"When you see Jerusalem being surrounded by armies, you will know that its desolation is near.
"But when you see Jerusalem surrounded by armies, then recognize that her desolation is near.
"And when you see Jerusalem surrounded by armies, then you will know that the time of its destruction has arrived.
"When you see soldiers camped all around Jerusalem, then you'll know that she is about to be devastated.
But when you see armies all round about Jerusalem, then be certain that her destruction is near.
"When you see Jerusalem surrounded by armies, then know that its desolation has come near.
"But when you see Jerusalem surrounded by armies, then know that its desolation is near.
|NET © [draft] ITL|
|NET © Notes||
2 sn See Luke 19:41-44. This passage refers to the events associated with the fall of Jerusalem, when the city is surrounded by armies.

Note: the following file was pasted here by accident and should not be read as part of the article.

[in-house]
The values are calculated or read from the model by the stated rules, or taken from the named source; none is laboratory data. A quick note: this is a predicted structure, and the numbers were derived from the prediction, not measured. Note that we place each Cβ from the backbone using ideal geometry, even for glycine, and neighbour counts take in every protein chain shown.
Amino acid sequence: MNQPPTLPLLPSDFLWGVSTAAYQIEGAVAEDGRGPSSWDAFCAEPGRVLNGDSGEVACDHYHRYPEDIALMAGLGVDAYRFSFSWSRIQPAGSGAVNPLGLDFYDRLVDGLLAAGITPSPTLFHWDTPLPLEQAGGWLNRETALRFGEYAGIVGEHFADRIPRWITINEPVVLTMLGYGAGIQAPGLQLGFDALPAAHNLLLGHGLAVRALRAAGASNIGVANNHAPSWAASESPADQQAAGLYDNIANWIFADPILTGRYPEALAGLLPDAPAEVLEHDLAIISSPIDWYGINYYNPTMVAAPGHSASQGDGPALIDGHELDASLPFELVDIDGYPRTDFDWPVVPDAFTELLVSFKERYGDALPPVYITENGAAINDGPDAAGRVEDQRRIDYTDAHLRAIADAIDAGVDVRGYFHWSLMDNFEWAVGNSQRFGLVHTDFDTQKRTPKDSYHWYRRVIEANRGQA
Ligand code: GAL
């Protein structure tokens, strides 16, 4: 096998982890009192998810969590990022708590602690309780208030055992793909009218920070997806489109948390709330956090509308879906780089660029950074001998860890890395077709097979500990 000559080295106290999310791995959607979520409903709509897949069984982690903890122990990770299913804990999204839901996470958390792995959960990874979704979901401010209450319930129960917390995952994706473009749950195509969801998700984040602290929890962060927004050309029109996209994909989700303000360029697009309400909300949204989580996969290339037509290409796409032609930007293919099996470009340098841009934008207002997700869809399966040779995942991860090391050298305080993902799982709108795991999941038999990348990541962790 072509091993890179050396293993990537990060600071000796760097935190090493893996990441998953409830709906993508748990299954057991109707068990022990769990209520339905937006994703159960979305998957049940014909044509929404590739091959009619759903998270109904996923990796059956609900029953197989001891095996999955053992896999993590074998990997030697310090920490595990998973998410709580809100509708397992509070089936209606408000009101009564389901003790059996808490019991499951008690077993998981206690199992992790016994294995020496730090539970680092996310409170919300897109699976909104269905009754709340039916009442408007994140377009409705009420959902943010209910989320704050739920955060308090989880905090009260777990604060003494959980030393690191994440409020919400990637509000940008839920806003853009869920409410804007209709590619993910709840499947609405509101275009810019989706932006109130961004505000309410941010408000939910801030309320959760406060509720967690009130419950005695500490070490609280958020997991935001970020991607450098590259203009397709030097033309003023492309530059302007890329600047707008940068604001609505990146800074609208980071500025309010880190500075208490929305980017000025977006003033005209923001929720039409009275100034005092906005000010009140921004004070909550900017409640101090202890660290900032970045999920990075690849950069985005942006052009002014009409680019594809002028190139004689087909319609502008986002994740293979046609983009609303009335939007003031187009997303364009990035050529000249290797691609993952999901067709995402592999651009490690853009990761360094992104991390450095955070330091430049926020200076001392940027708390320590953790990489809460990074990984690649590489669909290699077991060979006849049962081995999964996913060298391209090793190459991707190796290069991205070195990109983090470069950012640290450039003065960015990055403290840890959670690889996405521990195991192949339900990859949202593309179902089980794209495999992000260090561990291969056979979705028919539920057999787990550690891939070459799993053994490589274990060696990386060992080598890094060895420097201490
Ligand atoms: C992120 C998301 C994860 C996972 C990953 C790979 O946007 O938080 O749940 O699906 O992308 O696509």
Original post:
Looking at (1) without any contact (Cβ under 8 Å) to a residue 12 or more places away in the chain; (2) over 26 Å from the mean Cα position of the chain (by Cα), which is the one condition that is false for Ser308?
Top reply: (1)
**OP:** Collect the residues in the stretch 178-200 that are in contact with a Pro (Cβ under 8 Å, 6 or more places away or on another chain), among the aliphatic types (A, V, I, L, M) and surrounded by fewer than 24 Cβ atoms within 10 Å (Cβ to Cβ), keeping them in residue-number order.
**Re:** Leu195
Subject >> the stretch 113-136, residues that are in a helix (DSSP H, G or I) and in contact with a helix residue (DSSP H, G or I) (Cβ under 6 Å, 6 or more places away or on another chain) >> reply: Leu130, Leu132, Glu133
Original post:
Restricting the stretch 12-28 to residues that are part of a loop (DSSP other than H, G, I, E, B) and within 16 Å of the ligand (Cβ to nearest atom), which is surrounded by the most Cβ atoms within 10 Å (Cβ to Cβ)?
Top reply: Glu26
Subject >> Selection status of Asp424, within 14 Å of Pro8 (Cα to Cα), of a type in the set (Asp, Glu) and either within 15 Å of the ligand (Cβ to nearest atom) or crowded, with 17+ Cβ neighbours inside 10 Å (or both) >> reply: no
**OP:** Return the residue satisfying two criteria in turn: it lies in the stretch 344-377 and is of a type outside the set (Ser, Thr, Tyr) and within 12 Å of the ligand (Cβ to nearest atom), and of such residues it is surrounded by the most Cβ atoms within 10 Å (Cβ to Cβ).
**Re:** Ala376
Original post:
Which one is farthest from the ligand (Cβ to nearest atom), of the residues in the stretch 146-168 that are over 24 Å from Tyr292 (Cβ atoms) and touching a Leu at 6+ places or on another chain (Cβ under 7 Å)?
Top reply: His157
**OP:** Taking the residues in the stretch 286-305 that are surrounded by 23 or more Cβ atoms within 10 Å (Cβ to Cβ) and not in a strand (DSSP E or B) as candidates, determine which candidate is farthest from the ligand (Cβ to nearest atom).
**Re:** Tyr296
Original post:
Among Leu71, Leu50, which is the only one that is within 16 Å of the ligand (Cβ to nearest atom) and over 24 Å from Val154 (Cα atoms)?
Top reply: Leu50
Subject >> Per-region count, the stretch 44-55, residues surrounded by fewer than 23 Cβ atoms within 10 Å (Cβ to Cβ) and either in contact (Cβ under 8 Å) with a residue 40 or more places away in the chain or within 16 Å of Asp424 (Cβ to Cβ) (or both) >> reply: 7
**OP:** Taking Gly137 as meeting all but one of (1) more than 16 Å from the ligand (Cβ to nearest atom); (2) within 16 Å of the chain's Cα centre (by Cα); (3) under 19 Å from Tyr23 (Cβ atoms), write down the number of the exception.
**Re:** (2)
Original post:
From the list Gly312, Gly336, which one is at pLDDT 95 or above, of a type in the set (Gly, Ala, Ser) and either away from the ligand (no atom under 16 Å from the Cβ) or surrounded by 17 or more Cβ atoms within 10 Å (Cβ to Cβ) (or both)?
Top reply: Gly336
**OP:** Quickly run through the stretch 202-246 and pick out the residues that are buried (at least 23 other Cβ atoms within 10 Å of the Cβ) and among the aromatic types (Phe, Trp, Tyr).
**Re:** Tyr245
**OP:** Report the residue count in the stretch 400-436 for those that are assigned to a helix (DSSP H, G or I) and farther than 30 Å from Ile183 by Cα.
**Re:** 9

3 tn Grk “her,” referring to the city of Jerusalem (the name “Jerusalem” in Greek is a feminine noun).
4 sn The phrase its desolation is a reference to the fall of the city, which is the only antecedent present in Luke’s account. The parallels to this in Matt 24:15 and Mark 13:14 refer to the temple’s desolation, though Matthew’s allusion is clearer. They focus on the parallel events of the end, not on the short term realization in